Covering 23,000 square feet of rooftop space with grass and wildflowers, the yard received a $700,000 grant to make this happen. The city contributed $351,788, while Brooklyn real estate firm Steiner footed the rest of the bill, paying a whopping $537,000 for the project. The chairman of Steiner NYC, Doug Steiner, said in a statement that: “The green roofs and extensive landscaping with their native plant palette create a biodiversity that butterflies, and birds, have already been enjoying. We are glad to be supporting the local ecology while also reducing the heating and cooling demand of the buildings.”
The green roof will manage approximately 1,800,000 gallons of stormwater annually, as the rooftop has been covered with soil and planted with ornamental grasses, perennial wildflowers and sedum to absorb the rainfall, which the city has calculated as “nearly 2.5 million gallons in a typical year.” (The Brooklyn Navy Yard already has a solar-powered kitchen, and something called Rooftop Reds, the world’s first commercial rooftop vineyard).
“This project is a wonderful example of a partnership between government and a strong community leader to build the green infrastructure, which has enhanced the sustainability of the Navy Yard and is already helping to improve the health of the East River and New York Harbor,” claims Sapienza.
This trend is growing, apparently. According to a recent report from Technavio, a market research firm, green rooftops will grow by $8.8 billion by 2025. The report claims the largest markets for green roofs are Germany, the US, Japan, Canada, and Singapore, with North America registering the highest growth rate of 36.50 percent among the other regions. Therefore, the green-roofs market in North America is expected to garner significant business opportunities for the vendors during the forecast period.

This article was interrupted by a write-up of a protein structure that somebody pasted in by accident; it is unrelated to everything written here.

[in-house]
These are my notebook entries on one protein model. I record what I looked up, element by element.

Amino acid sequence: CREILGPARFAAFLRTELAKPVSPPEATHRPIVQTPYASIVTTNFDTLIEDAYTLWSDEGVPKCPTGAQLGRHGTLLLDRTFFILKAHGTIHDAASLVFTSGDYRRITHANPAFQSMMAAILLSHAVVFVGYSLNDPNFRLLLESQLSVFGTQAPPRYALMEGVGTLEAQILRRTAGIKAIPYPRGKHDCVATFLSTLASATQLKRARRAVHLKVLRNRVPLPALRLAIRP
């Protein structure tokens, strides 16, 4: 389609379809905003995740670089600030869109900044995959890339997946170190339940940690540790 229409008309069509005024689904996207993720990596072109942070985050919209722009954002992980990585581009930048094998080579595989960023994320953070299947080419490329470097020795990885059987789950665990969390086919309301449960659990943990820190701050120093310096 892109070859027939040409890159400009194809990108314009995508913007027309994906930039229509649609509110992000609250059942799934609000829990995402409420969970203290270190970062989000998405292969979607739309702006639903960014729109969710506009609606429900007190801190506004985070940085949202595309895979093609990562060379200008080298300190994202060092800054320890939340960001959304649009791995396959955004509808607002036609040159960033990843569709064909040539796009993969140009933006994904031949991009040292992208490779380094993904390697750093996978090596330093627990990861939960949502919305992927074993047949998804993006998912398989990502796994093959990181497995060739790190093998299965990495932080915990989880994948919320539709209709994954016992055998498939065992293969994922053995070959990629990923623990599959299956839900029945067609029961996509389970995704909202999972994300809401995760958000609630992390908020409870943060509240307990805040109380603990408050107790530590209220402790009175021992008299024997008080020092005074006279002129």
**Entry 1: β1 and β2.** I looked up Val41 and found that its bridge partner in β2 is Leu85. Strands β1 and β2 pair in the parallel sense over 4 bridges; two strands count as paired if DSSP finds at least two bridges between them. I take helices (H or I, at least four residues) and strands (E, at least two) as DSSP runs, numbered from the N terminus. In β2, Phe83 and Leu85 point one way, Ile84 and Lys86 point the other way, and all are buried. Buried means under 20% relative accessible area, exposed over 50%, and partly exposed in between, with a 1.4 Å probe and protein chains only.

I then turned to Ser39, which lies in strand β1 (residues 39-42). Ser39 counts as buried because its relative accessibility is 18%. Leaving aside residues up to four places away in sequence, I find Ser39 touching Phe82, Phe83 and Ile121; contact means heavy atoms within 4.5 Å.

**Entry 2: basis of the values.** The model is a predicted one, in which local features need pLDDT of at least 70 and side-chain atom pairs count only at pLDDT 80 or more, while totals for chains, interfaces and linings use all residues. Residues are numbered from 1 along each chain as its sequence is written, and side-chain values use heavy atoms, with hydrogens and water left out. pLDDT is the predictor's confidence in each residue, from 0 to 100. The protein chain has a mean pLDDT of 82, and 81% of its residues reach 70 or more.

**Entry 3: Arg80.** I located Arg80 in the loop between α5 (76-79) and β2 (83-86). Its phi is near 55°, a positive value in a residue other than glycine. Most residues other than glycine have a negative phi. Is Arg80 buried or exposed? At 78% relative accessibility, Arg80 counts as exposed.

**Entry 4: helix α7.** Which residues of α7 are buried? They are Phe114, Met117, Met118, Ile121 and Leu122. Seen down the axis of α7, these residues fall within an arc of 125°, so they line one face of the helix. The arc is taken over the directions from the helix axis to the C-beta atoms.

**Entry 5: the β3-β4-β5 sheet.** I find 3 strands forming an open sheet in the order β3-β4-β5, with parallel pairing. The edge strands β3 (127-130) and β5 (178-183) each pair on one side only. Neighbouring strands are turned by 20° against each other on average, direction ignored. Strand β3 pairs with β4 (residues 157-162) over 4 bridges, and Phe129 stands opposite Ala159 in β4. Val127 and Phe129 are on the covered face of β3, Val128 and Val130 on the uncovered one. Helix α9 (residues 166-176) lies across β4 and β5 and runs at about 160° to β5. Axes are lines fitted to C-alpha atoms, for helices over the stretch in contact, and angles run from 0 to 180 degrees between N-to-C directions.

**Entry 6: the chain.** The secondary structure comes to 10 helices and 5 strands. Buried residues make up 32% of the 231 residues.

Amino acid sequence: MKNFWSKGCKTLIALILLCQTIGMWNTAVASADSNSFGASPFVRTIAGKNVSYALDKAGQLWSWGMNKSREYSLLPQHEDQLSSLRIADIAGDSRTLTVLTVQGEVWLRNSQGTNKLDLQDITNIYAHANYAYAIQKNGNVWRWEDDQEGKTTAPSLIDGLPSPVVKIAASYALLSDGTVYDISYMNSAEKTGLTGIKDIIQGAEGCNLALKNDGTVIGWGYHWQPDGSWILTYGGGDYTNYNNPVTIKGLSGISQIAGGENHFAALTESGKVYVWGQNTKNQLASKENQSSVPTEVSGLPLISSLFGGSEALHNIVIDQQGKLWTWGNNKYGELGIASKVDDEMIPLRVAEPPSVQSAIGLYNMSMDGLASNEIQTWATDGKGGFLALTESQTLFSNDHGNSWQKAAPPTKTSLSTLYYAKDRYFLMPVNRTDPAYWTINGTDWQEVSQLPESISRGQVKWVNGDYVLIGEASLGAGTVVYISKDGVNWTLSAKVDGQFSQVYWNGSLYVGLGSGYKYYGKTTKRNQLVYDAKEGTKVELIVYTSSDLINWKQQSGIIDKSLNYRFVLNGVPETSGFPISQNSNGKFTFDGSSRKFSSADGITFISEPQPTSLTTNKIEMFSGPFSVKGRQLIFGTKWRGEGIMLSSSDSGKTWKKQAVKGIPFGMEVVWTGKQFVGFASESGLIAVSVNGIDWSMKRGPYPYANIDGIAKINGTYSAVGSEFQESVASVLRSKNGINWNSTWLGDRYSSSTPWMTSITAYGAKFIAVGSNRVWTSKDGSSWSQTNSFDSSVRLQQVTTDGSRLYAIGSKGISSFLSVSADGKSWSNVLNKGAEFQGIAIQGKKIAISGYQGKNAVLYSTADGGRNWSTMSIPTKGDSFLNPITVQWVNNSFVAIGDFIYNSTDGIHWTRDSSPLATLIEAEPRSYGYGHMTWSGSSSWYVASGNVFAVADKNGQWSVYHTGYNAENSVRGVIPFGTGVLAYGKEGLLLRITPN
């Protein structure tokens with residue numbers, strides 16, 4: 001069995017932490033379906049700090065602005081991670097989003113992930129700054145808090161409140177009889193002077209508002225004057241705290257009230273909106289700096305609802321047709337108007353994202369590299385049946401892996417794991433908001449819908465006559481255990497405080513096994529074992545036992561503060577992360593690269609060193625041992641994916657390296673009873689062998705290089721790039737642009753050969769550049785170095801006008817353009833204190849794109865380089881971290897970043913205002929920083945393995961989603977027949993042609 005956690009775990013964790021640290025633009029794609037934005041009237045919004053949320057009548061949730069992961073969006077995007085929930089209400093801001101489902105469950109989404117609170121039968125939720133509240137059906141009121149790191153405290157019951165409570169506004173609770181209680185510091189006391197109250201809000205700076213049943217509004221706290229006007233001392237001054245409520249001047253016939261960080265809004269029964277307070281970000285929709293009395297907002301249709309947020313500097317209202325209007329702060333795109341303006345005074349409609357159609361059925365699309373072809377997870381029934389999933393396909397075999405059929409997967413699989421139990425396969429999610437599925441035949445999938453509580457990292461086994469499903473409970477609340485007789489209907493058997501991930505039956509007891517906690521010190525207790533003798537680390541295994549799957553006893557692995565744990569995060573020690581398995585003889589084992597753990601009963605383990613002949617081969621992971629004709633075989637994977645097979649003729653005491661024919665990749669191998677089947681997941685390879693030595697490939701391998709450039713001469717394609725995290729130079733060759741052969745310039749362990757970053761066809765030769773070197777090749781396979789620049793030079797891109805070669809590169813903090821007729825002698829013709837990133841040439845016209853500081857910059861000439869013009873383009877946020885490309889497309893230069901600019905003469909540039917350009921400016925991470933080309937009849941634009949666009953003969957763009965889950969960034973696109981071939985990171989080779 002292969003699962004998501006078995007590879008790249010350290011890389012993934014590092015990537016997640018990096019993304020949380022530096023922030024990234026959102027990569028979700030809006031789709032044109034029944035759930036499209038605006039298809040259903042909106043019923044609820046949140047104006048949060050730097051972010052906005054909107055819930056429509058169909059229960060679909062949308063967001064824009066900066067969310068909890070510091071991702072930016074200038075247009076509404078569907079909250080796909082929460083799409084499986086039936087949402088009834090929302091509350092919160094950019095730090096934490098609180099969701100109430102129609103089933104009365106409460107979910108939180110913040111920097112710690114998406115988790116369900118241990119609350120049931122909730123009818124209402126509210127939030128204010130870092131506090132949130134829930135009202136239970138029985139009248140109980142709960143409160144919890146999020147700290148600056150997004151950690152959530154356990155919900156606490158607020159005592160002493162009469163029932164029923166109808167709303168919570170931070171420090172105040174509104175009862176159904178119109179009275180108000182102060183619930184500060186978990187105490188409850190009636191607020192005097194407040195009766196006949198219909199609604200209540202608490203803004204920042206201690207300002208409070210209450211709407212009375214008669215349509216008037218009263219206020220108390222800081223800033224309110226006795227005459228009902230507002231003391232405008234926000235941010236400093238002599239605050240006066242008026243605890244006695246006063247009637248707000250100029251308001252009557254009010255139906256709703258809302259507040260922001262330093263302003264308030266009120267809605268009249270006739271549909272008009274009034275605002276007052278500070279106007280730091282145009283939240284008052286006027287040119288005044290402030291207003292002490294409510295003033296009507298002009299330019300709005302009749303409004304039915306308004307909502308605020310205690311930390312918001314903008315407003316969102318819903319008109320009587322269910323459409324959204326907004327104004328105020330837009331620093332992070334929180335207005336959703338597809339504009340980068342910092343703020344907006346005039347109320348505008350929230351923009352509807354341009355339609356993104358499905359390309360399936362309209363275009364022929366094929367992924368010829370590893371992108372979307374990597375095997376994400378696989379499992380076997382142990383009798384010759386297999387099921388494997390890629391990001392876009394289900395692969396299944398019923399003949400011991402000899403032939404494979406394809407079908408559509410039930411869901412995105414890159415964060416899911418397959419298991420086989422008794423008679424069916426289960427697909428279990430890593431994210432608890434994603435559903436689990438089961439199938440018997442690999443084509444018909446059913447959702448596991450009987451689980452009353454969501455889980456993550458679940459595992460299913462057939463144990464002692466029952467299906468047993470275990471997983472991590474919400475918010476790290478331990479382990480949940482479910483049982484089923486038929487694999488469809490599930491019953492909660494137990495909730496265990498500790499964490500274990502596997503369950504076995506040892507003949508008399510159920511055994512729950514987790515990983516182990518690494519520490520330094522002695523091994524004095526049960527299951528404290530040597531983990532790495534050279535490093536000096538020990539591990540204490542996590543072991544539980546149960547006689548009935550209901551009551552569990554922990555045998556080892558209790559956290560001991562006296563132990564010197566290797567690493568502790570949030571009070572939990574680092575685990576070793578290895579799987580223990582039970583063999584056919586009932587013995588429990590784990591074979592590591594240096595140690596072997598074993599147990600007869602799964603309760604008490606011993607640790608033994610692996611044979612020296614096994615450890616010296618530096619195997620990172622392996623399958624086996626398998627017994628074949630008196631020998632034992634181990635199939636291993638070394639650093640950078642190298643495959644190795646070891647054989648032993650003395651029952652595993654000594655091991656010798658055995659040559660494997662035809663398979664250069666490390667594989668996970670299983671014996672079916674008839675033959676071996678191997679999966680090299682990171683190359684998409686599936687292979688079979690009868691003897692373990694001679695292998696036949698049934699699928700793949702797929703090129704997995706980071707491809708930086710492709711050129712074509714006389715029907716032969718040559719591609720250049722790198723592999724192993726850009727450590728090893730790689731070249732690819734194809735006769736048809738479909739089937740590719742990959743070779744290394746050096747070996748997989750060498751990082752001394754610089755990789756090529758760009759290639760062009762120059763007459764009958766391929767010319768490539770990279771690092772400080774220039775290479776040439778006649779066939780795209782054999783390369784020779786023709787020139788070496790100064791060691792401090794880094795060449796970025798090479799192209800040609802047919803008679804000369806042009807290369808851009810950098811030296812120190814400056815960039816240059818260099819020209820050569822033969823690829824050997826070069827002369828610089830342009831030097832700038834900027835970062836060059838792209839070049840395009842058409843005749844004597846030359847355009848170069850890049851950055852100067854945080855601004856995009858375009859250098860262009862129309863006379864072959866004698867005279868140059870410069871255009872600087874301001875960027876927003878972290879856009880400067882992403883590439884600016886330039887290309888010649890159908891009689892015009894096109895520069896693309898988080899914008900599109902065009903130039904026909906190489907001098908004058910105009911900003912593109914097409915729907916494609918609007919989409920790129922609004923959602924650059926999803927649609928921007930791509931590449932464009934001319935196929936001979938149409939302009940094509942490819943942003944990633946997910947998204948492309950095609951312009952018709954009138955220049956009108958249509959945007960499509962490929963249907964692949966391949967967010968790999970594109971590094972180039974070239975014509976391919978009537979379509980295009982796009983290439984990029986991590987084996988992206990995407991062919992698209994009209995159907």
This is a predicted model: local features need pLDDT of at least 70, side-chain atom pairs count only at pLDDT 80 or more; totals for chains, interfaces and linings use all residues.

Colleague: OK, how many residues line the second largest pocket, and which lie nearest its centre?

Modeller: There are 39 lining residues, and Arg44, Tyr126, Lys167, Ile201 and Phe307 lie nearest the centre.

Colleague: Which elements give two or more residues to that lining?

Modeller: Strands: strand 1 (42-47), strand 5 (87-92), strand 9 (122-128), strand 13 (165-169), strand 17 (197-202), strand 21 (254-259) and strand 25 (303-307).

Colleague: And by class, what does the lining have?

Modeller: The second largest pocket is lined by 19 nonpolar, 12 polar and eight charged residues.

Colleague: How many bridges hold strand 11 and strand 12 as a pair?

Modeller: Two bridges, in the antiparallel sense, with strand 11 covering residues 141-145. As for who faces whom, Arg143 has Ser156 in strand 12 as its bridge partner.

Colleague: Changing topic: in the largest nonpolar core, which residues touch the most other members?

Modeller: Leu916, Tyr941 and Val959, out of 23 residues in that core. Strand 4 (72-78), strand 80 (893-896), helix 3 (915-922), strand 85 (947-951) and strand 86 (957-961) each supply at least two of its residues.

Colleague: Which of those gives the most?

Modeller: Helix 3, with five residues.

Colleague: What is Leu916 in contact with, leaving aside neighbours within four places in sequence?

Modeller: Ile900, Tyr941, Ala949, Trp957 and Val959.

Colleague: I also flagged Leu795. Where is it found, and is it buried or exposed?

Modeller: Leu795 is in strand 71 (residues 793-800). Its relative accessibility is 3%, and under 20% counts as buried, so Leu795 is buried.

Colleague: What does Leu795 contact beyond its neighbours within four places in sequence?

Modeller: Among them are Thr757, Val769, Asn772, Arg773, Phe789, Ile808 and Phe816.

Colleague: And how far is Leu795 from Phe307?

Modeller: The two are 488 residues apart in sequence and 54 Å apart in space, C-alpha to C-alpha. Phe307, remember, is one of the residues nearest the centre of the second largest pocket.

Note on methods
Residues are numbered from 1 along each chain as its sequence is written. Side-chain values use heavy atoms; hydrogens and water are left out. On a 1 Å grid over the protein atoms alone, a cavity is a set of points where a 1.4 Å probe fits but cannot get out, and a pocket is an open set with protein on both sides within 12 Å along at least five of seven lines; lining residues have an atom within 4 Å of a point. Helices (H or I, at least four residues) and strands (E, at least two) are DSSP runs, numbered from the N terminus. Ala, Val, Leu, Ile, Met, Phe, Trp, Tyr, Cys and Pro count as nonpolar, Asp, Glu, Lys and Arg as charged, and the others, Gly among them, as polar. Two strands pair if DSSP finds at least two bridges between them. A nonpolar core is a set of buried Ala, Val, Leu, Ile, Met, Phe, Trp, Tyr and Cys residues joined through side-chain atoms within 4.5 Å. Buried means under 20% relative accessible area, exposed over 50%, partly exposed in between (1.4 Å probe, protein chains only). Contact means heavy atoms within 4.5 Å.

But the question remains, even with all of the new green roof installations, are they viable ways to help us reach our sustainability goals? And as much as these green roofs can help, what are the costs to the buildings themselves?
Some experts claim that ‘greenwashing’ architecture is not solving the problem against climate change, it’s just providing a distraction. Poorly maintained green rooftops put buildings at risk with insurance companies, too, as there should be testing protocols that consider winds, harsh weather and fire hazards, depending on the type of rooftop. If a rooftop uses shallow, lightweight plants, there’s not much of a fire hazard, even if the plants die in a drought.
Is the responsibility on the properties or the companies who create green roofs? Some of the leading companies driving this growth include Urbanstrong, Green Roofs and Columbia Green Technologies. Many of these firms offer modular and biodiverse living roofs, specialize in roof gardens, and help provide drainage and water storage mats for green roofing systems.